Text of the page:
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Date: -- (:)
From: Markus Mottl <markus@o...>
Subject: Re: [Caml-list] Dynamically evaluating OCaml code
On Thu, 08 Apr 2004, John Goerzen wrote:
> > > (While we're at it, I think it's silly that there is a list and an
> > > array type).
> > 
> > I beg your pardon - what else do you have in mind???
> 
> One type that can do both.

That's a very bad idea, IMHO.  The efficiency tradeoffs are so large
for certain operations that I'd never put anything like this into a
standard library.

Arrays, for example, are something that should definitely be part of
a standard library, because the compiler can perform some extremely
valuable optimizations for them (e.g. unboxing).

> Of course.  Do you think that obtaining slices of a list or printing the
> current time in a human-readable format are not standard problems?  If
> so, I would have to point out to you that there is a quite lengthy
> history that supports my position on this.

I feel that this question really also touches the recent discussion
concerning library management.  If it were very easy to make use of
contributed code, we wouldn't talk so often about extensions to the
standard library.

> And I should not *have* to interface to C just to print out a date &
> time or parse the time.  See, your attitude is part of the problem --
> your position is that "it's not hard to reinvent the wheel."

No, my point is that it's easy enough to write such a library.  You don't
have to make it standard.

> My position is that all the easy reinvention that has to happen adds
> up to something that is hard, and goes against principles of code
> sharing, since every OCaml programmer is going to reinvent things
> slightly differently.

I agree here: that's why I'd like to see more social tools rather than
extensions to the standard library.  It's tiresome to search the web
for already invented wheels, downloading code, compiling it (hopefully
without problems), installing it and keeping it up-to-date (including
libraries that it depends on).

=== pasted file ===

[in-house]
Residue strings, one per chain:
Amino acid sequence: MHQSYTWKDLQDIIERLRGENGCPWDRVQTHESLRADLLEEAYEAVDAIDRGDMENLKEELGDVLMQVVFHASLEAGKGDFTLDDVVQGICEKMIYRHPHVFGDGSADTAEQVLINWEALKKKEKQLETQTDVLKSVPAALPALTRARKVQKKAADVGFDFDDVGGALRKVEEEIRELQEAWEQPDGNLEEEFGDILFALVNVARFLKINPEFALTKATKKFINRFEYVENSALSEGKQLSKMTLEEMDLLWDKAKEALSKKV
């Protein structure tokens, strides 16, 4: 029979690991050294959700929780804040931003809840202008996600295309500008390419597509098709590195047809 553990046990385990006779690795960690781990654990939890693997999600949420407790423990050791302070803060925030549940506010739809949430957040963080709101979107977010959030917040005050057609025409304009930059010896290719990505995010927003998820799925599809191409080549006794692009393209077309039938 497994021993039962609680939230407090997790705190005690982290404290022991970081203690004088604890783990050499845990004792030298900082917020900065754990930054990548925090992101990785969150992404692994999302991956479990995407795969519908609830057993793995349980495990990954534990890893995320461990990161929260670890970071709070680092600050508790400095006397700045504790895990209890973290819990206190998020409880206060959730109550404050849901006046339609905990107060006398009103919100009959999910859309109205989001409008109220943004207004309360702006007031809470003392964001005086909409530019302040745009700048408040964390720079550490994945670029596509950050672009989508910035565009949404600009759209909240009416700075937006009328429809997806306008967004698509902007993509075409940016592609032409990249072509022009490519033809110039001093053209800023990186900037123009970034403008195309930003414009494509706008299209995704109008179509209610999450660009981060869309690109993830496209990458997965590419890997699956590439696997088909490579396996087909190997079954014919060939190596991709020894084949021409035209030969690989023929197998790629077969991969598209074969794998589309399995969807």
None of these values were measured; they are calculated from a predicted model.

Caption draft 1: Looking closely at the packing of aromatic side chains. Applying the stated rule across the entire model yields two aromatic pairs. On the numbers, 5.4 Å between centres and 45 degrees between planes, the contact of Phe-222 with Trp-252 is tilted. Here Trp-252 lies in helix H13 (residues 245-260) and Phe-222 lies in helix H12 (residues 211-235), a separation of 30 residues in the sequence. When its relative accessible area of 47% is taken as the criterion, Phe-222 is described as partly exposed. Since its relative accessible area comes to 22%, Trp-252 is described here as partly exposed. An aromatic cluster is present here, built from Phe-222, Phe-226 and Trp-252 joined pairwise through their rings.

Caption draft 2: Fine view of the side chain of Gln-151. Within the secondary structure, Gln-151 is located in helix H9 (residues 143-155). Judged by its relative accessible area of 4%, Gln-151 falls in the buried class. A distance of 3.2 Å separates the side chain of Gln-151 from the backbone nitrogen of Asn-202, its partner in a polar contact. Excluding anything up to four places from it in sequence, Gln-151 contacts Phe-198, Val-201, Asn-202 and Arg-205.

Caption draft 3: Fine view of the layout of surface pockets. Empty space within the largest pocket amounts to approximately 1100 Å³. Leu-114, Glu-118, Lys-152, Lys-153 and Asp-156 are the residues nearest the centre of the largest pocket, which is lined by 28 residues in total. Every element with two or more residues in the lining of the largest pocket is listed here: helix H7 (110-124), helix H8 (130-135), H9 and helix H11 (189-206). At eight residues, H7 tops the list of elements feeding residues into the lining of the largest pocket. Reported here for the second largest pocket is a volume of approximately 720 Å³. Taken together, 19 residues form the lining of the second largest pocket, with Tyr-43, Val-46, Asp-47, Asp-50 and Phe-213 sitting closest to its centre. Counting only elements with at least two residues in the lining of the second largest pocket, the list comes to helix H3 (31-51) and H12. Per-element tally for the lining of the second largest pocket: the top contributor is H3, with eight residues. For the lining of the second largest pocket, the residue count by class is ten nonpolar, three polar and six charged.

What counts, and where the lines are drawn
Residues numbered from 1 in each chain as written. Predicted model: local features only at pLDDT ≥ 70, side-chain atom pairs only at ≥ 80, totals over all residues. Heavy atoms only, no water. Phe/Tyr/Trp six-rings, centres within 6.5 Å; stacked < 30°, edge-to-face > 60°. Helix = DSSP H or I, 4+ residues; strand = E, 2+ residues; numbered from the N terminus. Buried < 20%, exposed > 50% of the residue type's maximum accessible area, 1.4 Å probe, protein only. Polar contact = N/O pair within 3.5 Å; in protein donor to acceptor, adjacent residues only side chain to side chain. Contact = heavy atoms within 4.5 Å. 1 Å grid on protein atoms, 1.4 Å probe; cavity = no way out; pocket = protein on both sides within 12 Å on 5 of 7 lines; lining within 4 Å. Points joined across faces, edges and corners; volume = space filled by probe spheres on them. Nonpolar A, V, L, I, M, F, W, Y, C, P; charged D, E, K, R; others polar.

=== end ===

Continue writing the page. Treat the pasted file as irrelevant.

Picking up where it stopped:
> And you haven't even addressed my complaints about
> IPv6 and other glaring socket omissions, read/write files handles,
> string slicing, and IMAP libraries.  Should I add a few more?  Here are
> some other functions that I have in C, Python, Perl (and, for the most
> part, even Java) that are missing from OCaml:

I am not questioning the fact that OCaml could need more libraries for
more functionality.  I am questioning that all of this should become
part of a standard library.  I wouldn't mind seeing the code there, of
course, but why burden the developers with tasks that could be done by
the community?  What is "standard" anyway?  Only what INRIA calls one?
Or what is used predominantly by the community?

> If you limit the universe of "most problems" to be numerical analysis,
> you may well be quite accurate.

This has nothing to do with academic vs. commercial applications.
Numerical analysis isn't even my main topic of interest.  It's all a
question of how contributions should be made to OCaml.  Putting an ever
increasing number of functions into the standard library is probably
not the solution.

> However, such a limitation is going to be misleading if you are talking
> about more general problems.  I have zero need for numerical analysis
> tools here, and in the grand scheme of things, needs for them make up
> a small minority of needs.

I wouldn't want to see numerical analysis in the standard library
either so this is a strawman argument.  Ideally, the standard library
would contain only functionality that is critical for making the
compiler/runtime work.  Everything else could be fetched from some
central repository.

> These are also real needs.  I regularly need to deal with times and
> humans.  I also have done some work with archivers and the like, and the
> problems highlighted here are real.  I have several machines that are
> only reachable by IPv6, and this is a huge problem for me wrt OCaml.
> OCaml apps are the only ones I have trouble with in this regard.

Again: I believe you that you need this functionality.  I just don't
think that all of this should be part of a standard library.

Regards,
Markus

-- 
Markus Mottl          http://www.oefai.at/~markus          markus@oefai.at

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